Two Auburn Engineering honors students named Goldwater Scholars

Published: Apr 11, 2023 8:00 AM

By T. Wade Berry

Two Auburn Engineering students, Ayden Kemp and Maggie Nelson, are now Barry M. Goldwater Scholars — an honor recently announced and bestowed on only 413 students nationwide. The scholarship is widely considered the most prestigious award in the United States for undergraduates in science, technology, engineering and mathematics. 

“These three exceptional students embody the intellectual curiosity, vision and tenacity that the Auburn University community holds in highest regard,” said Tiffany Sippial, director of the Honors College. “We could not be more proud of their accomplishments and look forward to celebrating their future successes.” 

Kemp, a senior in the Honors College, is majoring in aerospace engineering and biosystems engineering with a bioprocess option in the Samuel Ginn College of Engineering. His research is titled, “Co-Pyrolysis of Biomass and Waste Plastics for the Production of Biofuels.“ Through his research, Kemp is investigating the practicality of heating mixed waste streams that include both organic material and plastic wastes in an oxygen-less environment to break them down into smaller components for the production of biofuels.

Kemp works with Sushil Adhikari, a professor within biosystems engineering.

“I would like to thank Dr. Adhikari and the other amazing professors at Auburn who have helped me with my research and academic goals and prepared me for winning the Goldwater Scholarship,” said Kemp. “A special thank you to Dr. Whatley and the Honors College for their help in preparing and editing my application materials.”

Nelson, a senior in the Honors College from Birmingham, Alabama, is majoring in aerospace engineering and minoring in materials engineering, philosophy and sustainability studies within the Samuel Ginn College of Engineering and the College of Liberal Arts, respectively. Her research is titled, “Effects of Recycling on Polystyrene Shape Memory Polymers for In-Situ Resource Utilization.” Through her research, Nelson is aiming to establish sustainable material infrastructures for future aerospace developments. Nelson works with Russell W. Mailen in the Department of Aerospace Engineering, and she collaborates with Maria Soledad Peresin and Diego Gomez-Maldonado, both in the College of Forestry, Wildlife and Environment.

“I am honored and humbled to have been chosen as one of this year’s Goldwater Scholarship recipients,” said Nelson. “I am truly thankful that I am able to do what I love through research and have been immensely supported by my community at Auburn and now Goldwater. I became involved in research my sophomore year of college and was immediately absorbed by the passion of those working around me like Dr. Russell Mailen and Dr. Soledad Peresin. It is through them that I have been able to learn how to become a better researcher. Their support and encouragement to explore my interests in research, from recycled shape memory polymers to responsive coatings for artificial photosynthesis, have been invaluable for my growth as a student, researcher and person.”

They are joined by Cameron Tice, a junior in the Honors College from Auburn, who is majoring in biomedical sciences and minoring in psychology in the College of Sciences and Mathematics and the College of Liberal Arts, respectively. His research is titled, “Understanding the Physical and Mental Health Outcomes of Court-Involved Youth.”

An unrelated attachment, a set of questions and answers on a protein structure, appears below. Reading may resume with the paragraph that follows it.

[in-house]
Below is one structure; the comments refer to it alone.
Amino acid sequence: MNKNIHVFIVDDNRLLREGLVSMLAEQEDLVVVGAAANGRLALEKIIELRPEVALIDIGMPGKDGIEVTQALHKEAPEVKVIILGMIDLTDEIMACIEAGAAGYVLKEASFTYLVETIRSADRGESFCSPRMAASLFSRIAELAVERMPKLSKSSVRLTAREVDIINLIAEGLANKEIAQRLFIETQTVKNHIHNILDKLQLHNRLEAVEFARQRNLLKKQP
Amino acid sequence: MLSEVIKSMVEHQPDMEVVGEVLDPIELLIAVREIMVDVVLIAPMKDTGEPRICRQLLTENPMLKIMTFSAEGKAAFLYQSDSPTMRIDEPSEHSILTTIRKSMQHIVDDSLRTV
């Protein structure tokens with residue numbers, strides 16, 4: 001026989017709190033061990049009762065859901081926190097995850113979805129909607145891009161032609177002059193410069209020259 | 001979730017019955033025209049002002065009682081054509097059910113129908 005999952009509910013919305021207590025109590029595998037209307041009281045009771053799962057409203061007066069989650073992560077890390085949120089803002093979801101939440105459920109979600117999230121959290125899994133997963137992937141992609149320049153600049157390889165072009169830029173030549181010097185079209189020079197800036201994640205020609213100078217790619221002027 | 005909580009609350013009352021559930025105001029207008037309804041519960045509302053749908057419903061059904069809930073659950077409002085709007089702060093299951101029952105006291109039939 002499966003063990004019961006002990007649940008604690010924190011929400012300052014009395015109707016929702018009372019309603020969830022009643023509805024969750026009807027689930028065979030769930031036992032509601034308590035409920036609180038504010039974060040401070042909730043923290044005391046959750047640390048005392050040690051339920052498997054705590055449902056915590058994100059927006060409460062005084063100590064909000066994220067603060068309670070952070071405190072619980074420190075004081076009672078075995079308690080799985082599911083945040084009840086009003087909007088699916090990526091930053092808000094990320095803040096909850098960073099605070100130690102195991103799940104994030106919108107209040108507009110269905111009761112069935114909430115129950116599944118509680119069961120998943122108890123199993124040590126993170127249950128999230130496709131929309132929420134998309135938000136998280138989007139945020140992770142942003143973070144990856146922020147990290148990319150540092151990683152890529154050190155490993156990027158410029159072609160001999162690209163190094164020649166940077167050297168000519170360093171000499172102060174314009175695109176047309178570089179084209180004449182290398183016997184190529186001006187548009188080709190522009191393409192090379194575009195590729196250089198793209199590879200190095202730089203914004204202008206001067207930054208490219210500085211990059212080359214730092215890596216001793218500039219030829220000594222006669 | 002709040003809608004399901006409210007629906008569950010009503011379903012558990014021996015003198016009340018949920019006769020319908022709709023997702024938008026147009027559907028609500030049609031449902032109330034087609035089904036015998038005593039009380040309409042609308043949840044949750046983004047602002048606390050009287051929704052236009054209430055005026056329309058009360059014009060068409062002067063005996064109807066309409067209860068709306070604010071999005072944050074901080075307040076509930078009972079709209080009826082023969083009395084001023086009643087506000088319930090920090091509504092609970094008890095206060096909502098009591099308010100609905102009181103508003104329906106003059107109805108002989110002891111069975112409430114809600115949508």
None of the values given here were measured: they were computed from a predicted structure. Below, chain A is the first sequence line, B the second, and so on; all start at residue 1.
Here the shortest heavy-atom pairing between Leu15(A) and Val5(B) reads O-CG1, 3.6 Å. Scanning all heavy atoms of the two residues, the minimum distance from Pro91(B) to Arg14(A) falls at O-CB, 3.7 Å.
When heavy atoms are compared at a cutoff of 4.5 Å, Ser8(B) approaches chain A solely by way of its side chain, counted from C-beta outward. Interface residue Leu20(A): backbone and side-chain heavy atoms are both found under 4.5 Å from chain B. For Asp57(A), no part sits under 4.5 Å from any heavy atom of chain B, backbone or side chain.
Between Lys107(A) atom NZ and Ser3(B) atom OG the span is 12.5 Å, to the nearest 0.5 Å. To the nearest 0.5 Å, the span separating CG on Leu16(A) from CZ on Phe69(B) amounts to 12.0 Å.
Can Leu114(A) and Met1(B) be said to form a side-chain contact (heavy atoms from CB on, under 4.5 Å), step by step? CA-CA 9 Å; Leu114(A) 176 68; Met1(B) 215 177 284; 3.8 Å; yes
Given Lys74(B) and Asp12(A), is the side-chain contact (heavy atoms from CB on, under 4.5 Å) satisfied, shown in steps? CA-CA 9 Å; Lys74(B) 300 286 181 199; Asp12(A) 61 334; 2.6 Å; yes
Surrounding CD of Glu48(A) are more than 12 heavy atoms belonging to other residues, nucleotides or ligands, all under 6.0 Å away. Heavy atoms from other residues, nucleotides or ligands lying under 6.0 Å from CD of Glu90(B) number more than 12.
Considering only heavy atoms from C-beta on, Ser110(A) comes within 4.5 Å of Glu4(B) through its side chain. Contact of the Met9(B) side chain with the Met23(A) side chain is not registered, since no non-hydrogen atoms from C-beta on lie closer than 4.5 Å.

Through his research, Tice studies the assessment, treatment and post-rehabilitation health outcomes of court-involved adolescents. During his time at Auburn, Tice has been specifically interested in understanding the impact of substance use and parental family structure on adolescents. Tice works with Kelli Thompson in the department of Psychology. 

“I am just incredibly thankful for those who’ve helped guide me to where I am today,” said Tice. “Beyond my professors at Auburn, who have poured their time and energy into my studies, I would like to thank my parents for their love, Katie for all of her edits and Drew Bagwell for being a good biology teacher.”

The Barry M. Goldwater Scholarship Program was established to provide scholarships to outstanding students who intend to pursue careers in mathematics, the natural sciences and engineering. Each scholarship covers eligible expenses up to a maximum of $7,500 annually for undergraduate tuition, fees, books and housing. In awarding scholarships, the foundation of trustees considers the nominee’s field of study and career objectives along with the extent to which that individual has the commitment and potential to make a significant contribution to the field of science or engineering.

“I am deeply proud of Ayden, Maggie and Cam, and I am delighted that the Goldwater committee recognized the extraordinary work ethic, sophisticated research and — frankly — dazzling brilliance of these three undergraduate scholars,” said Laura Whatley, scholarship and research coordinator for the Honors College. ”I cannot fathom what the future holds for these students, but I know they will make our world a better place — they already do.”

The National Prestigious Scholarship office at Auburn University, located in the Honors College, works closely with students to identify and pursue prestigious scholarships and other national and international awards through information sessions and one-on-one support during the application process.

Media Contact: T. Wade Berry,, 334.844.5832
Ayden Kemp and Maggie Nelson are just two of this year's 413 Barry M. Goldwater Scholars nationwide.

Ayden Kemp and Maggie Nelson are just two of this year's 413 Barry M. Goldwater Scholars nationwide.

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